— The Confessions of Aleister Crowley.  New York, NY.  Hill and Wang, 1969.  Page 504.

______________________________
 

     I had no books of reference at Bournemouth, and it struck me that it would be very convenient if I possessed a volume giving all the correspondences of the Cabbala in a compact form. I spent a week in writing this down from memory and the result is Liber 777.
    
The Confessions of Aleister Crowley.  New York, NY.  Hill and Wang, 1969.  Page 533.

______________________________
 

     I continued my researches in many other lines of Magick, from the preparation of a new edition of Liber 777 with an elaborate explanation of each column and a further analysis of the Yi King, to such matters as the critical observation of success in the Operation of the IX° O.T.O.
    
The Confessions of Aleister Crowley.  New York, NY.  Hill and Wang, 1969.  Page 923.

 
Reviews:

     Despite its cumbrous sub-title and high price per page, this work has only to come under the notice of the right people to be sure of a ready sale. In its author’s words, it represents “an attempt to systematise alike the data of mysticism and the results of comparative religion,” and so far as any book can succeed in such an attempt, this book does succeed; that is to say, it condenses in some sixty pages as much information as many an intelligent reader at the Museum has been able to collect in years. The book proper consists of a Table of “Correspondences,” and is, in fact, an attempt to reduce to a common denominator the symbolism of as many religious and magical systems as the author is acquainted with. The denominator chosen is necessarily a large one, as the author’s object is to reconcile systems which divide all things into 3, 7, 10, 12, as the case may be. Since our expression “common denominator” is used in a figurative and not in a strictly mathematical sense, the task is less complex than appears at first sight, and the 32 Paths of the Sepher Yetzirah, or Book of Formation of the Qabalah, provide a convenient scale. These 32 Paths are attributed by the Qabalists to the 10 Sephiroth, or Emanations of Deity, and to the 22 letters of the Hebrew alphabet, which are again subdivided into 3 mother letters, 7 double letters, and 12 simple letters. On this basis, that of the Qabalistic “Tree of Life,” as a certain arrangement of the Sephiroth and 22 remaining Paths connecting them is termed, the author has constructed no less than 183 tables.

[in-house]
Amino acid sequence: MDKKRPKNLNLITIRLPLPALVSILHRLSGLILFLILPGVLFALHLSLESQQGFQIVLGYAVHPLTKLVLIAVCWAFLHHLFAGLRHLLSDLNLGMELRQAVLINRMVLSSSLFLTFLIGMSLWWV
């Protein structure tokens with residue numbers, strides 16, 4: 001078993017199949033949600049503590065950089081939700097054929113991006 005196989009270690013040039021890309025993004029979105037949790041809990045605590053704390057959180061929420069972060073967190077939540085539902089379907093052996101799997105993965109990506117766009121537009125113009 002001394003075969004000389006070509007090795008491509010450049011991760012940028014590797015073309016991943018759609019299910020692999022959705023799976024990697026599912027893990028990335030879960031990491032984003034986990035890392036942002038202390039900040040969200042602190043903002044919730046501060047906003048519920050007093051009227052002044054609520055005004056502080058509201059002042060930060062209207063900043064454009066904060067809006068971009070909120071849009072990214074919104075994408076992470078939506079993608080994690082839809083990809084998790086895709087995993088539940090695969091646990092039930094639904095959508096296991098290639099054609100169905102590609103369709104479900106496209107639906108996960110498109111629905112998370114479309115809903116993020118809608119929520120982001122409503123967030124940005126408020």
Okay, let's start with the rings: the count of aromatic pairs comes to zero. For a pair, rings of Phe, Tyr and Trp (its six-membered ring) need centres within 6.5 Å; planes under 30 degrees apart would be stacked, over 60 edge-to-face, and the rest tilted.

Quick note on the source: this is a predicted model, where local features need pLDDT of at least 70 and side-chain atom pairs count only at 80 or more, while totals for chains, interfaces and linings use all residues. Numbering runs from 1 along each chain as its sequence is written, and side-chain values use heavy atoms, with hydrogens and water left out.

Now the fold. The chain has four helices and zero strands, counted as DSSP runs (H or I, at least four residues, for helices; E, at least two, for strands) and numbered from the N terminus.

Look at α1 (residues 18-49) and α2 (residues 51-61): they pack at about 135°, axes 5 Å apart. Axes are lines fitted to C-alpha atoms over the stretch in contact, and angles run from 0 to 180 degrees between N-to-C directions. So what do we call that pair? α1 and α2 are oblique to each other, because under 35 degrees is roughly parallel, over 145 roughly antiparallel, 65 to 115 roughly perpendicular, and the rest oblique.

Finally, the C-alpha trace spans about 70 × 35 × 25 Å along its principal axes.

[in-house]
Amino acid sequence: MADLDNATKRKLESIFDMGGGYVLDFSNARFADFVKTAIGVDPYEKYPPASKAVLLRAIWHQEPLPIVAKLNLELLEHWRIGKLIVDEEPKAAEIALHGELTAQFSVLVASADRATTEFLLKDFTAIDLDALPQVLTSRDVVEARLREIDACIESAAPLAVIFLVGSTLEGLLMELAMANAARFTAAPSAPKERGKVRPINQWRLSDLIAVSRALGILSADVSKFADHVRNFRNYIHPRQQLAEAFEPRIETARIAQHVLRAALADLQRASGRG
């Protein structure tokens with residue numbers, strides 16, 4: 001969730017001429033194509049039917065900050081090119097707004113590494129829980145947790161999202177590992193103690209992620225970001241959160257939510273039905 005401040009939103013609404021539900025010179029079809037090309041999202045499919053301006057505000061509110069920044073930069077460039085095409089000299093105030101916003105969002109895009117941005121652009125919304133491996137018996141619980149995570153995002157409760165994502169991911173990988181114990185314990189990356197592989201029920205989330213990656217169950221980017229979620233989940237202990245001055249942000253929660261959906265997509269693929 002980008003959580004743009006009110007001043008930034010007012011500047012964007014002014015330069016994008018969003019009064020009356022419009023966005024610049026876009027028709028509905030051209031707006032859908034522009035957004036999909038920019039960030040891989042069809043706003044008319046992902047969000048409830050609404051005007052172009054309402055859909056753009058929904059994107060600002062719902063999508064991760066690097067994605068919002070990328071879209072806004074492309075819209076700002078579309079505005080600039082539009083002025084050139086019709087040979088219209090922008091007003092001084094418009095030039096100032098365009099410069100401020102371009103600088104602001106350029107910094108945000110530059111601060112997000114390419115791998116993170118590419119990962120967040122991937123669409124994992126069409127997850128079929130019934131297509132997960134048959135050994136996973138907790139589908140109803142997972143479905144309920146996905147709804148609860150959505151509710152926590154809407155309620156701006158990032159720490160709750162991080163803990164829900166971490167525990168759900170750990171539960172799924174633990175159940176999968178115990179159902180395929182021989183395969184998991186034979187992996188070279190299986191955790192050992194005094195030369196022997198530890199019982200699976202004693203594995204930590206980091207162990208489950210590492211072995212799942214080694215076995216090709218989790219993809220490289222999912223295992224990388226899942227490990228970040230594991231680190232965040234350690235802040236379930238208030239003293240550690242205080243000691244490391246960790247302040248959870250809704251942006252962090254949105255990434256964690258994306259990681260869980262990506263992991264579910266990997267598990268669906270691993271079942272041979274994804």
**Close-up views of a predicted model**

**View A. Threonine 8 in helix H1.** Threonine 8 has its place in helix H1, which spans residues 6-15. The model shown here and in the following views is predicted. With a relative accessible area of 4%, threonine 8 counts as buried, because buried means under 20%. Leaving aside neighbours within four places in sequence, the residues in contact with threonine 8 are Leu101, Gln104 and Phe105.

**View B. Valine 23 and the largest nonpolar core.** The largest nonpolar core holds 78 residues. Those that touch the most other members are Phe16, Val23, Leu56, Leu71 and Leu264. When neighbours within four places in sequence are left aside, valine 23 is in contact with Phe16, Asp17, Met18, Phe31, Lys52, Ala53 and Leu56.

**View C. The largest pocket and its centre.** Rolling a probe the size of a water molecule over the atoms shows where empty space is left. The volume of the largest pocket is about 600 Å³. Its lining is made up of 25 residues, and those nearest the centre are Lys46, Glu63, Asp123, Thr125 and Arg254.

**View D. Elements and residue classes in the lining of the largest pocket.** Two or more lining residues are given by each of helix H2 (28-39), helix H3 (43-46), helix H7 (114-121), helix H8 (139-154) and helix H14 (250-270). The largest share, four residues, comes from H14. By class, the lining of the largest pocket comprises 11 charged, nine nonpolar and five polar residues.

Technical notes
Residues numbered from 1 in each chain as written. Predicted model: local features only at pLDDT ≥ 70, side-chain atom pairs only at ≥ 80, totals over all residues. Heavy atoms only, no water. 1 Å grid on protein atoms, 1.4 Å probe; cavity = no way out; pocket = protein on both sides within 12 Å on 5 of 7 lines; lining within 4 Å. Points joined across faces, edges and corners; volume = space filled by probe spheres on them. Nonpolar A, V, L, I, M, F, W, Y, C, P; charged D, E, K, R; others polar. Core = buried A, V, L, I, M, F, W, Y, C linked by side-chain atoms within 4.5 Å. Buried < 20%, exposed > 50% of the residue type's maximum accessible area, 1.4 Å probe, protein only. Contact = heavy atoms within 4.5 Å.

The Qabalistic information is very full, and there are tables of Egyptian and Hindu deities, as well as of colours, perfumes, plants, stones, and animals. The information concerning the tarot and geomancy exceeds that to be found in some treatises devoted exclusively to those subjects. The author appears to be acquainted with Chinese, Arabic, and other classic texts. Here your reviewer is unable to follow him, but his Hebrew does credit alike to him and to his printer. Among several hundred words, mostly proper names, we found and marked a few misprints, but subsequently discovered each one of them in a printed table of errata, which we had overlooked. When one remembers the misprints in “Agrippa” and the fact that the ordinary Hebrew compositor and reader is no more fitted for this task than a boy cognisant of no more than the shapes of the Hebrew letters, one wonders how many proofs there were and what the printer’s bill was. A knowledge of the Hebrew alphabet and the Qabalistic Tree of Life is all that is needed to lay open to the reader the enormous mass of information contained in this book. The “Alphabet of Mysticism,” as the author says—several alphabets we should prefer to say—is here.
     Much that has been jealously and foolishly kept secret in the past is here, but though our author has secured for his work the
imprimatur of some body with the mysterious title of the A\ A\, and though he remains himself anonymous, he appears to be no mystery-monger. Obviously he is widely read, but he makes no pretence that he has secrets to reveal. On the contrary, he says, “an indicible arcanum is an arcanum which cannot be revealed.”  The writer of that sentence has learned at least one fact not to be learned from books.
—The Occult Review, G.C.J., date unknown.

______________________________
 

     No Buddhist would consider it worth while to pass from the crystalline clearness of his own religion to this involved obscurity.  Some of the language is extremely undignified.
—The Buddhist Review, date unknown.